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This is a two-part blog series regarding fall protection in Aerial Lifts vs. Scissor Lifts. In Part I, we will explore the difference between the two lifts as well as the types of fall protection utlilized with each. In Part II, we will discuss problems that arise with tie-off on scissor lifts as well as personal fall protection.

In my travels around the country and working with clients, most of whom employ some type of personnel lifting /working platform, I see much confusion regarding the issue of fall protection. Part of the reason for this confusion is due to terminology used in the OSHA standards and the fact there is no OSHA standard which specifically addresses scissor lifts.

Aerial Lift vs Scissor Lift
First, let’s clarify the difference in equipment. At 1910.67 and 1926.453, OSHA has requirements pertaining to the use of aerial devices or aerial lifts. An aerial device is a vehicle mounted work platform such as an extensible or articulating boom lift, aerial ladder or vehicle-mounted vertical tower as designed and constructed in conformance with the American National Standards for “Vehicle Mounted Elevating and Rotating Work Platforms,” ANSI A92.2-1969. A scissor lift, by definition, is a mobile scaffold and would fall under 1926.451, 1926.452(w) and ANSI A92.6.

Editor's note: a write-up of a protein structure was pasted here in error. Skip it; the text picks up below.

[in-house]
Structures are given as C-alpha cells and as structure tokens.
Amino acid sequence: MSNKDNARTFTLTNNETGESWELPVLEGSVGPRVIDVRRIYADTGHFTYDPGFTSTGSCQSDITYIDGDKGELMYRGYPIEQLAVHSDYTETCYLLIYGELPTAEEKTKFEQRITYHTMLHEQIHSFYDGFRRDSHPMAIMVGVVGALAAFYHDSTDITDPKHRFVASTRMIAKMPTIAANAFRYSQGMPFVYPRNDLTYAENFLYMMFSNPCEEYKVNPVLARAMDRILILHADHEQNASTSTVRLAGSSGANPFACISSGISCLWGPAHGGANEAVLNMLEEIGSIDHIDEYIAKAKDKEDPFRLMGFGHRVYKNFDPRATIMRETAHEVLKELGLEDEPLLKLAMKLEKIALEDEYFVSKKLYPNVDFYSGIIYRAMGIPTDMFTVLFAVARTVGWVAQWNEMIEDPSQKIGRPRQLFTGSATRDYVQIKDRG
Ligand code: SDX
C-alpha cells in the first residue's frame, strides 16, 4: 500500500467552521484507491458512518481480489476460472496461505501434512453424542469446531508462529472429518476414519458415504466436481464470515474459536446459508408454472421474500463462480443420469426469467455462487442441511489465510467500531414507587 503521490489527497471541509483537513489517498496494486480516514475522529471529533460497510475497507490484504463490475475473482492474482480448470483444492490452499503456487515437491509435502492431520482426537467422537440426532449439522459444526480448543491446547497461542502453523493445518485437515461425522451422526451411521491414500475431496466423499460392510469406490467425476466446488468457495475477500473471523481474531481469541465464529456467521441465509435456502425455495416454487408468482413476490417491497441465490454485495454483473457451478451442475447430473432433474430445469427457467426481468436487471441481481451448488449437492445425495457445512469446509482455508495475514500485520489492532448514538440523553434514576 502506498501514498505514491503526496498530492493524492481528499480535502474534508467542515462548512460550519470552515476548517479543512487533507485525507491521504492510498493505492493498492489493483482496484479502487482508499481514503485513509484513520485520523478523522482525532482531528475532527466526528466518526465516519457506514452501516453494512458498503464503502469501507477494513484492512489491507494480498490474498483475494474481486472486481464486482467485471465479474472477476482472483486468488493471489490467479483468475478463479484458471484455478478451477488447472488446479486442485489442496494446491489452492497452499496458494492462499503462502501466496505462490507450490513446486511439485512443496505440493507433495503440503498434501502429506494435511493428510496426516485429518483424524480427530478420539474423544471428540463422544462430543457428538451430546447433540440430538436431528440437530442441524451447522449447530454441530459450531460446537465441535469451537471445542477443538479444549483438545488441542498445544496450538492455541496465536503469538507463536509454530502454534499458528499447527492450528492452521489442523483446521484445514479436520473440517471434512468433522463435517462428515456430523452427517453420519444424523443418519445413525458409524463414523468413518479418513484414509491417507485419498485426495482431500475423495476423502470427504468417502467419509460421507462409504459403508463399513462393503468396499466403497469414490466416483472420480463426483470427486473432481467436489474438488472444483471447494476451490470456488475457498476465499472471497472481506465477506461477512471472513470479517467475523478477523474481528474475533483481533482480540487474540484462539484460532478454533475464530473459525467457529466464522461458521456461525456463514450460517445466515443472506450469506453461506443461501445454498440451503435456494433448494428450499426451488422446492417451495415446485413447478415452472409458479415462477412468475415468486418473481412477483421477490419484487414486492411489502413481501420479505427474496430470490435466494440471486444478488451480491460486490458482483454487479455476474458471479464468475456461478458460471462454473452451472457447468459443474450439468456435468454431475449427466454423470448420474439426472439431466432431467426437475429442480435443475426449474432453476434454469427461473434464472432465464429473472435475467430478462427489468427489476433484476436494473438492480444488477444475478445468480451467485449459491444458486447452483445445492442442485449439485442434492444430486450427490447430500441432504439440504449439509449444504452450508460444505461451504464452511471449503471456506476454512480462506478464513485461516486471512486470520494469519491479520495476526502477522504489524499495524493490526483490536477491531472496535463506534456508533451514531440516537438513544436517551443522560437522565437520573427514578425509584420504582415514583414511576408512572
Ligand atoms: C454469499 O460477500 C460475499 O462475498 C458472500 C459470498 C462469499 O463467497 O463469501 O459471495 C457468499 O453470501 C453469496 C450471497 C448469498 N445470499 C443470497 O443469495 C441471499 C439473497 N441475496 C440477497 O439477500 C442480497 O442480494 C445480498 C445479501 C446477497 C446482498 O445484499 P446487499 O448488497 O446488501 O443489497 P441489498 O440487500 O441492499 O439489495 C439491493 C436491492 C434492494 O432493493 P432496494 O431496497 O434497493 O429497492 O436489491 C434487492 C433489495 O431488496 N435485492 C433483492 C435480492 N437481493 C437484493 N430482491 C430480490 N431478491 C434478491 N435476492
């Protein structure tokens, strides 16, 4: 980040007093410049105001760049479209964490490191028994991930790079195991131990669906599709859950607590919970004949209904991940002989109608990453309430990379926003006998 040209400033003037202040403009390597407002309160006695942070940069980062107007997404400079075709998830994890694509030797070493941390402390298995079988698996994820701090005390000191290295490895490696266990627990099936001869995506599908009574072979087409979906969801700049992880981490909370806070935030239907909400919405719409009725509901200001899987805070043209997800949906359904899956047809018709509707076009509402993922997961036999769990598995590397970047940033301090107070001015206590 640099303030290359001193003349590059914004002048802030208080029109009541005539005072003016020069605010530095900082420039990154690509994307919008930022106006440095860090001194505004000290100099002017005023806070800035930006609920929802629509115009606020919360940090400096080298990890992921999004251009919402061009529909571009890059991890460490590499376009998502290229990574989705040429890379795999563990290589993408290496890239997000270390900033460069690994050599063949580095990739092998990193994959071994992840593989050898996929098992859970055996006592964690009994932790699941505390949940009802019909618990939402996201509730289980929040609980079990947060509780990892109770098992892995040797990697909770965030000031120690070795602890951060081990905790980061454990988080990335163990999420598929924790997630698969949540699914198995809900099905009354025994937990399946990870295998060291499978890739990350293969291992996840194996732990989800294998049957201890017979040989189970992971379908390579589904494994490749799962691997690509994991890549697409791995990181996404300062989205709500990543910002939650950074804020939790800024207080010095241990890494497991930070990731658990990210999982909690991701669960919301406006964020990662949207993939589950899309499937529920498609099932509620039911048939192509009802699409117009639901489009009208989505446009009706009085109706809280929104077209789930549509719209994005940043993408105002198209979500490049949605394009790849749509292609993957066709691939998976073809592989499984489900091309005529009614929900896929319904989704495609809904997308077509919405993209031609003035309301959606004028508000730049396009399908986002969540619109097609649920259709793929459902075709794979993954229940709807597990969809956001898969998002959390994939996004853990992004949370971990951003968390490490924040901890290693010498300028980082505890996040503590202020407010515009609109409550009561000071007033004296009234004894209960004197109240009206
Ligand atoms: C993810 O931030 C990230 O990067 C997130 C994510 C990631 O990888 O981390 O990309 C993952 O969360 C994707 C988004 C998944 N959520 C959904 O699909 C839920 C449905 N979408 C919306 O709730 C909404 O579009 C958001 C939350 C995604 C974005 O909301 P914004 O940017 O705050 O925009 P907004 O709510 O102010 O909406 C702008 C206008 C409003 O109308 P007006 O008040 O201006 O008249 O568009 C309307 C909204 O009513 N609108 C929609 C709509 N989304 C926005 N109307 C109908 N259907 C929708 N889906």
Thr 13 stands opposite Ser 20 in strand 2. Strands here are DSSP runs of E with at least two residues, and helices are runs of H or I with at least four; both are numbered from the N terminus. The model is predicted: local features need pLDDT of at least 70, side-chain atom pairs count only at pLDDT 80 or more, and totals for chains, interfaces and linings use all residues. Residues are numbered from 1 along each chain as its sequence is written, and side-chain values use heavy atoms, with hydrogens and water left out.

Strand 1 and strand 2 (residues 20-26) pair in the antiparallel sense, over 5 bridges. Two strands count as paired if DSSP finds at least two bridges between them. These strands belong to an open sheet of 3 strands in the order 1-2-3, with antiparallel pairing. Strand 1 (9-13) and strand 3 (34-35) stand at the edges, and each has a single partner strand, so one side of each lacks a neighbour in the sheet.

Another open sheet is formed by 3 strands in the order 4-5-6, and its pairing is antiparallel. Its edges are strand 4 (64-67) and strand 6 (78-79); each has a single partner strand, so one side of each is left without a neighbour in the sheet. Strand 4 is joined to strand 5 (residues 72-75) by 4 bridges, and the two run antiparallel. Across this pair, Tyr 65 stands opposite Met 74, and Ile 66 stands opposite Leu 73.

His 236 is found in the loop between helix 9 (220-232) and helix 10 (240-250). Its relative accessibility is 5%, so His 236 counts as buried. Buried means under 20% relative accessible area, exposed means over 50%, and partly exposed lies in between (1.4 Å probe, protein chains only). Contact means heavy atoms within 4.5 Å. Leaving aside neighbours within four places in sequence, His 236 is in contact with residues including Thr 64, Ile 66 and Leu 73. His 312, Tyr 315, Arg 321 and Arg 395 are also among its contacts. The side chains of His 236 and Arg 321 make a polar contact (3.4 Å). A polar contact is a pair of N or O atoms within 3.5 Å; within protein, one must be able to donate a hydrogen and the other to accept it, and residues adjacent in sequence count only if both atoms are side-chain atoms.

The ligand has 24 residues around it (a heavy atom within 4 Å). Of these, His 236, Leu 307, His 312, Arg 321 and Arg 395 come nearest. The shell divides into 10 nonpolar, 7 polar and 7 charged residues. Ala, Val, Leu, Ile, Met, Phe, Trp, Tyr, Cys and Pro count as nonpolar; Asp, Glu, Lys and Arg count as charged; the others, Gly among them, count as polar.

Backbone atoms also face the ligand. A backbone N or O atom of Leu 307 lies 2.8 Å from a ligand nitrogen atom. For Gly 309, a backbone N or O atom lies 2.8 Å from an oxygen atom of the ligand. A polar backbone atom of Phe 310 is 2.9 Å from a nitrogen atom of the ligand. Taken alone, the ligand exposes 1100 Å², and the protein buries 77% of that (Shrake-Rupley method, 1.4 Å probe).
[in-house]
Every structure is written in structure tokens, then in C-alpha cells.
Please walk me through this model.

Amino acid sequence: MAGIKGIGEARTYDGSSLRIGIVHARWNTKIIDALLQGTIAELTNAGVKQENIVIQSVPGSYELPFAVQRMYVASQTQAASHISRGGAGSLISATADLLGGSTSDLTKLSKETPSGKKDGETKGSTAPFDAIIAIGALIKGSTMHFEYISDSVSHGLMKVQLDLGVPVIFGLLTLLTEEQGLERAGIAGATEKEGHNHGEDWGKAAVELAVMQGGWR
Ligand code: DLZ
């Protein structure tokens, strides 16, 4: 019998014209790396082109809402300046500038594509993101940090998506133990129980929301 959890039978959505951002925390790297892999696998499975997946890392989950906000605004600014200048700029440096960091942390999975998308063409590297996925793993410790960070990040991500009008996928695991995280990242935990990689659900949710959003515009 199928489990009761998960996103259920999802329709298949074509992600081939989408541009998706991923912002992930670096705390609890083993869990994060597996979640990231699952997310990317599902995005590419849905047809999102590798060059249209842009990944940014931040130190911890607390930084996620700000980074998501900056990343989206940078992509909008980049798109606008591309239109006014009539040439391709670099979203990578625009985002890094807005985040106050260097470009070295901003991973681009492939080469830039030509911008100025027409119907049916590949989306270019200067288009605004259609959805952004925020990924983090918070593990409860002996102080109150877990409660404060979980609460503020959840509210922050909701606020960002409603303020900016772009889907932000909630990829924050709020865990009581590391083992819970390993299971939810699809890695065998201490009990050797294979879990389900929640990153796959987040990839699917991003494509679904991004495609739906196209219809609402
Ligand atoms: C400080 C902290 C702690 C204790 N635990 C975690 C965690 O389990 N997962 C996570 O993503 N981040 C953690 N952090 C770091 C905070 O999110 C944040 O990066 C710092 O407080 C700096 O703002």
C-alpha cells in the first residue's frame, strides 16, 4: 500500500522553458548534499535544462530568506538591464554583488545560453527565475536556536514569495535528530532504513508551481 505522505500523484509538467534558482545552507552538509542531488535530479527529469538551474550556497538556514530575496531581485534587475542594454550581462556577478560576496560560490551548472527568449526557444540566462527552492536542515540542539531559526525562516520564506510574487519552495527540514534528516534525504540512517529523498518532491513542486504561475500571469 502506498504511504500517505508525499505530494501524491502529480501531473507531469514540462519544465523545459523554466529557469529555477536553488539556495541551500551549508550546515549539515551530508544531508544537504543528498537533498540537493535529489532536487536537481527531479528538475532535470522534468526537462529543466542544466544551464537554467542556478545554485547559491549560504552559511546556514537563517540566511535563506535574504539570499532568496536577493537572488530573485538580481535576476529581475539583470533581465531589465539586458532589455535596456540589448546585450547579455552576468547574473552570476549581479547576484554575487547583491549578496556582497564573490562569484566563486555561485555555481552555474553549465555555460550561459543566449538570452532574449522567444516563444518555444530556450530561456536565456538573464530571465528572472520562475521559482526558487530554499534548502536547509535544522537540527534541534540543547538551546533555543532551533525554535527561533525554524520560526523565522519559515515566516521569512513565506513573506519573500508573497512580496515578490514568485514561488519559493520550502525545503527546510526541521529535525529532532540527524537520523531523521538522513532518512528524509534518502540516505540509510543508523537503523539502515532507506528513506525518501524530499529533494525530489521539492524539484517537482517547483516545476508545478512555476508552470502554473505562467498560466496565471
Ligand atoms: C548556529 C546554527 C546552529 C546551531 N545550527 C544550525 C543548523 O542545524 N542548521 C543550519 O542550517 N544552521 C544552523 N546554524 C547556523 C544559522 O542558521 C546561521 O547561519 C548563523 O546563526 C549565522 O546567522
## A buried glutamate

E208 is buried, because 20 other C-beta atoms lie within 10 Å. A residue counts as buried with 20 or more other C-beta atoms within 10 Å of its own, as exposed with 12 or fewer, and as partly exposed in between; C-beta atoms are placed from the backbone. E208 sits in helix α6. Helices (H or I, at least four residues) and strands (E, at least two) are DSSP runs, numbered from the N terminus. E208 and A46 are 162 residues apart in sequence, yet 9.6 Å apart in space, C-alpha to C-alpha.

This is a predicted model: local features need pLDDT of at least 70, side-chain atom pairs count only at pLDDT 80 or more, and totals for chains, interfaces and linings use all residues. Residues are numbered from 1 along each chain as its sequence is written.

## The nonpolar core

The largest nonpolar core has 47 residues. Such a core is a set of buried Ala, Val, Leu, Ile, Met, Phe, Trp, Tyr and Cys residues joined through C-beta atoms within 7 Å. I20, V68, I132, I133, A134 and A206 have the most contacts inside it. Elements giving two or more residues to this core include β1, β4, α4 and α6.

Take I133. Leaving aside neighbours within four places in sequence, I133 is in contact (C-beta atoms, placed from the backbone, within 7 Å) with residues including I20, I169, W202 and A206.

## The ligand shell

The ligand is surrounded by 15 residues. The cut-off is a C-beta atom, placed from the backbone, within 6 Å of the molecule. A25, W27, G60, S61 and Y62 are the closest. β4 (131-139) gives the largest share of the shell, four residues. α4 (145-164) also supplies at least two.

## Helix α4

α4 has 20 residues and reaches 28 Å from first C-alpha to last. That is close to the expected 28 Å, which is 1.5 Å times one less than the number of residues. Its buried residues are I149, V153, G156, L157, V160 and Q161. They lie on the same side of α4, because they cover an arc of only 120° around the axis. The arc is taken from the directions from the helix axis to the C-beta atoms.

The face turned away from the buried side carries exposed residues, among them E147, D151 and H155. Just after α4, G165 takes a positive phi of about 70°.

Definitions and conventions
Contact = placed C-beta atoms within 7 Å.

A scissor lift is not an aerial lift. 

According to 1910.67(c)(2)(v), 1926.453(b)(2)(v) and ANSI 92.2, tie-off to the device is required whenever operating an aerial lift. While A92.2 simply states to use appropriate fall protection connected to the device at the platform position, both of these OSHA standards still retain the original reference to the use of body belts in conjunction with a lanyard.  However, a note has been added to clarify that the use of body belts is prohibited for fall arrest, but not for fall restraint.

When using a scissor lift equipped with standard railing, the rail serves as fall protection and thus no additional fall protection is required. There may; however, be times when it becomes impractical, if not impossible, to perform a job with the rails in place. This may require temporarily lowering or possibly removing the rails. That is the reason manufacturers install anchor points on scissor lifts. In such instances, supplemental fall protection such as a belt or harness and lanyard would be required.  But as long as the rails are in place and workers stay within the confines of the rails then OSHA does not require the occupants of a scissor lift to use personal fall protection.

So why doesn’t the bucket or the rail around the basket on an aerial lift suffice for fall protection as it does on a scissor lift? Actually, it does.

The reason workers must be tied off while operating an aerial lift is because of the way the device operates. Because the aerial lift user is perched in a basket or bucket on the end of a boom, he/she is much more susceptible to the catapult effect and can easily be tossed over the rail or top of the bucket. Untethered operators have been thrown to their deaths from bouncing aerial lifts baskets.

Stay tuned for Part II of our two-part blog series regarding fall protection in Aerial and Scissor Lifts.